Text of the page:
INDEPENDENT experts have slammed the authorities' refusal to initiate investigations
into all but two acts of serious human rights violations since the March 1997 grenade
The assessment was carried out in April by Arun Bahagat, former director of the India
Intelligence Bureau and Professor Peter T Burns, QC, a member of the UN Committee
They say in their report that "from inquiries made, it became clear that none
of the 42 cases have been seriously investigated or even at all".
They were also concerned about the apparent acceptance of political murder as shown
by the lack of progress into the March 30 grenade attack and the murder of Interior
Secretary of State Ho Sok on the grounds of his own ministry.
"The United Nations experts were struck by the fact that political homicide
engendered no serious attempts at investigation and resolution of the two incidents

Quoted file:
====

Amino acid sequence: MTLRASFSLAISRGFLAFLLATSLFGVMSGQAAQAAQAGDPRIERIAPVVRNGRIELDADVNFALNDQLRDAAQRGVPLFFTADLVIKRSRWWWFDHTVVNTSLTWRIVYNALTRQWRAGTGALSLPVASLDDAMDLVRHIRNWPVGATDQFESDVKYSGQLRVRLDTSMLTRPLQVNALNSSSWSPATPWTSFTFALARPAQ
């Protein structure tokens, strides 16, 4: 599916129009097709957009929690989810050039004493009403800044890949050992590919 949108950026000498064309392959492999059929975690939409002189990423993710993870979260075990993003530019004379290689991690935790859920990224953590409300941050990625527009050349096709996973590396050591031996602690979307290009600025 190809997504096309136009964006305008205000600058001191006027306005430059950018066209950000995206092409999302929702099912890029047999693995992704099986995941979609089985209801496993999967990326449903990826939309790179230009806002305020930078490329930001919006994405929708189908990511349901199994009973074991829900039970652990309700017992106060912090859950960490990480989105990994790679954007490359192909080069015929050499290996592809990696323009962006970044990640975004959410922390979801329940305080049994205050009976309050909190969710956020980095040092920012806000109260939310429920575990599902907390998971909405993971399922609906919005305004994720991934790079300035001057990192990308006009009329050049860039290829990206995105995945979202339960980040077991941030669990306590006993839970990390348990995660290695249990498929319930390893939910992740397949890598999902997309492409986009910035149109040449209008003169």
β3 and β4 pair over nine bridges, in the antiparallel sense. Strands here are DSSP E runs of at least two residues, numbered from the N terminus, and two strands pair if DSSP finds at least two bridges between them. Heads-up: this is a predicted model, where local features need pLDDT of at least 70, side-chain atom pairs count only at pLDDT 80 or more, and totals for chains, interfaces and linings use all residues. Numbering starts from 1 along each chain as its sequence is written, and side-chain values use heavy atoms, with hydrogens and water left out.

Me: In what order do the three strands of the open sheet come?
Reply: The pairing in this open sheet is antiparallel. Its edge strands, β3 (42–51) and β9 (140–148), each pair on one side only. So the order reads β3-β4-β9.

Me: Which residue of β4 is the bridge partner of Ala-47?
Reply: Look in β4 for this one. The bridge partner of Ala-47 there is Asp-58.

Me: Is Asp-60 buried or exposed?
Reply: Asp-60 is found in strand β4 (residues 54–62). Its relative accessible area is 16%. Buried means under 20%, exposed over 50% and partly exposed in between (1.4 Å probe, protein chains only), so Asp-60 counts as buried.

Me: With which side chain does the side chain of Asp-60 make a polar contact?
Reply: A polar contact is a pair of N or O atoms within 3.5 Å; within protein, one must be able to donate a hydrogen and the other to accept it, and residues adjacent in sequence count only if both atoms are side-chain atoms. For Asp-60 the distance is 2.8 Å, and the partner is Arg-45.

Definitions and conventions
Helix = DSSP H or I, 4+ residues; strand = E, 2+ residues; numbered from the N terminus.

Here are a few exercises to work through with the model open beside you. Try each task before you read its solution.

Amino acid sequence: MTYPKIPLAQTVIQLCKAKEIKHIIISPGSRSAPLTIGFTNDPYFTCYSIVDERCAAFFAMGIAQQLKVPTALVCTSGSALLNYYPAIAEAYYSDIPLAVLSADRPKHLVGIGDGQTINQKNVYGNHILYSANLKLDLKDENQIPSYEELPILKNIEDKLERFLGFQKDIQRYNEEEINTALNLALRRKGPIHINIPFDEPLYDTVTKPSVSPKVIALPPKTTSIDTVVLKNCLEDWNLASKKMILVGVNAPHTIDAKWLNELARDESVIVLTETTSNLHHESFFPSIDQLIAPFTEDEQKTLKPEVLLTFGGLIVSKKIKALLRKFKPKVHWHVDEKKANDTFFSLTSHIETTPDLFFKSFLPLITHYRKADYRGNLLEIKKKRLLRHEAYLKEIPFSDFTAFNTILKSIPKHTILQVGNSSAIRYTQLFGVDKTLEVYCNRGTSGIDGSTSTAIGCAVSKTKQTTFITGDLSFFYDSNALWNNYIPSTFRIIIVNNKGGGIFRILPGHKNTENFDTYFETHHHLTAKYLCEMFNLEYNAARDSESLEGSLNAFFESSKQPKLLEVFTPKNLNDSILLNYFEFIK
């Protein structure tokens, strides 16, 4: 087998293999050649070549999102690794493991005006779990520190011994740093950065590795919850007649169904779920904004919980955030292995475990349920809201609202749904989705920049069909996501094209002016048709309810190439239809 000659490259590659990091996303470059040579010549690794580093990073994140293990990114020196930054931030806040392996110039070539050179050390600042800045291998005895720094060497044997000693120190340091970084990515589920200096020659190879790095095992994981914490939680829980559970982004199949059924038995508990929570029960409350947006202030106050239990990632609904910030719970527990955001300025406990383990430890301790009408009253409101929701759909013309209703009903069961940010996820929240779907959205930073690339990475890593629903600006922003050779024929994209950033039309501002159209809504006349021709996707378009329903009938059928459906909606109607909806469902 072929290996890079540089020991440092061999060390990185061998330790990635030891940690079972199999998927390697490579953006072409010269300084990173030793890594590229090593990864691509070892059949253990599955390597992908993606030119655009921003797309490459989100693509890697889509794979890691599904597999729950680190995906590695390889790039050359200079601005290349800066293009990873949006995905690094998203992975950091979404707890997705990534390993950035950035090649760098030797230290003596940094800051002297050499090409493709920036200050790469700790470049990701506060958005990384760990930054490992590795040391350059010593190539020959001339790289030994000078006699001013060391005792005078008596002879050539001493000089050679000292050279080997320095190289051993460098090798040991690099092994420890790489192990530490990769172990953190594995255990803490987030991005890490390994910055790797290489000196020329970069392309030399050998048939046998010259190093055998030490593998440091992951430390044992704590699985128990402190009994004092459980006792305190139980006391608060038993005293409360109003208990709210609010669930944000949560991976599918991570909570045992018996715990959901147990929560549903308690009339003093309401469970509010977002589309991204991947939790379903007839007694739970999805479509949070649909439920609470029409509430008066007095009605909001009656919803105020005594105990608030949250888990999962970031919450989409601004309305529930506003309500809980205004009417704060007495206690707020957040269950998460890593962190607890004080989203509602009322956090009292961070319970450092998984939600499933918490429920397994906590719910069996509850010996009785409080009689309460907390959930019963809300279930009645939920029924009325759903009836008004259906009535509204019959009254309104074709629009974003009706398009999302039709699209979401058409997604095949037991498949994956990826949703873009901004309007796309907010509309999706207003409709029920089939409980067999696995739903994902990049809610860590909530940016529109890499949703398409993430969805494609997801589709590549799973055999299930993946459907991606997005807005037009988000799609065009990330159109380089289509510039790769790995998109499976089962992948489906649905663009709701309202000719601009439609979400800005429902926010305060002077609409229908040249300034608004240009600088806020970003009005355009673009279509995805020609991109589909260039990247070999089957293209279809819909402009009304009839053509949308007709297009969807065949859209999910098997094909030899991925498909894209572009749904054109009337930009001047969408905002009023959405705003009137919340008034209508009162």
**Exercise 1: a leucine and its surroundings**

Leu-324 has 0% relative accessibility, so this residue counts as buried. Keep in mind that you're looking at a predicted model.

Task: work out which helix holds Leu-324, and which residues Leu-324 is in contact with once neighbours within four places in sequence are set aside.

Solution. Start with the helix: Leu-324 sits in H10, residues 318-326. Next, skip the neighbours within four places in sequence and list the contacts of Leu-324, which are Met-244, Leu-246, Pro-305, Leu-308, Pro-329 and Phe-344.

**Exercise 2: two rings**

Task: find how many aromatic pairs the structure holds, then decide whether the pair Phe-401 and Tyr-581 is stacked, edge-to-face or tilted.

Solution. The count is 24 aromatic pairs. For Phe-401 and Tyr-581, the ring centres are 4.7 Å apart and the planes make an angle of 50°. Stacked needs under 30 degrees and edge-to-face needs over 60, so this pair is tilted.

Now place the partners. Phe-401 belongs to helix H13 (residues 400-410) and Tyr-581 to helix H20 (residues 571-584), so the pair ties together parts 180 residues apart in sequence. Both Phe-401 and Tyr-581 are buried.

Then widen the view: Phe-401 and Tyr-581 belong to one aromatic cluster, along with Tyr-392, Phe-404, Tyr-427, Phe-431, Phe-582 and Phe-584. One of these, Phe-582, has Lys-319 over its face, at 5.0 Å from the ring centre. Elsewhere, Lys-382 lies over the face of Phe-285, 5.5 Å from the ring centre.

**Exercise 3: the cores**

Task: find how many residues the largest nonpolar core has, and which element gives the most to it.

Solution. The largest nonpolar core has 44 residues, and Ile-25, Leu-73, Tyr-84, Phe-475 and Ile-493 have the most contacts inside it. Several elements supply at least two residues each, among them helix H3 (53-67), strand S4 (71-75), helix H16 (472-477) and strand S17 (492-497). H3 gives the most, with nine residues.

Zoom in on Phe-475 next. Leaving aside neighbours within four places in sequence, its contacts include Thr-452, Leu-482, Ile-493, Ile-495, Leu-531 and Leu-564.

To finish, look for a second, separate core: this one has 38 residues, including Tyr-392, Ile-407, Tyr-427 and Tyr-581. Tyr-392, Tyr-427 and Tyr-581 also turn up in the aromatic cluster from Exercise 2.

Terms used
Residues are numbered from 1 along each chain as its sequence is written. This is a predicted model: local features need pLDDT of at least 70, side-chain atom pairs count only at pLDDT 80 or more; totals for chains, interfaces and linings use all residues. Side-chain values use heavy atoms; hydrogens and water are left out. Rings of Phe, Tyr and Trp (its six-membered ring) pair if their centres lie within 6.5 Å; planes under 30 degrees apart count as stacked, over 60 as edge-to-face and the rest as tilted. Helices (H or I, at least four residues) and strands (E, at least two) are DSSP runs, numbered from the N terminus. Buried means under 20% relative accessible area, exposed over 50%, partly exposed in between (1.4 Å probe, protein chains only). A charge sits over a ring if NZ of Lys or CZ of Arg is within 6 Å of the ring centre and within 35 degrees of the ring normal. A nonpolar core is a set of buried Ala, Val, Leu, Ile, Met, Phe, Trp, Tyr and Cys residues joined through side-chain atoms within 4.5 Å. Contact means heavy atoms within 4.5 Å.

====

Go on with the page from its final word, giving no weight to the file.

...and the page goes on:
with which they were concerned," it says.
"Instead, a culture of impunity for such crimes seems deeply imbedded in the
institutions of governance in Cambodia.
"Only if the will to remedy this condition is manifested at the highest levels
of government is it likely to change."
The report says that the current police and justice system is capable of "dispensing
objective justice", but that depends on its acting independently.
"The processes of law have to move on their own volition and not depend on orders
from ministries," says the report. "The ministries of Justice and the Interior
should only exercise administrative control."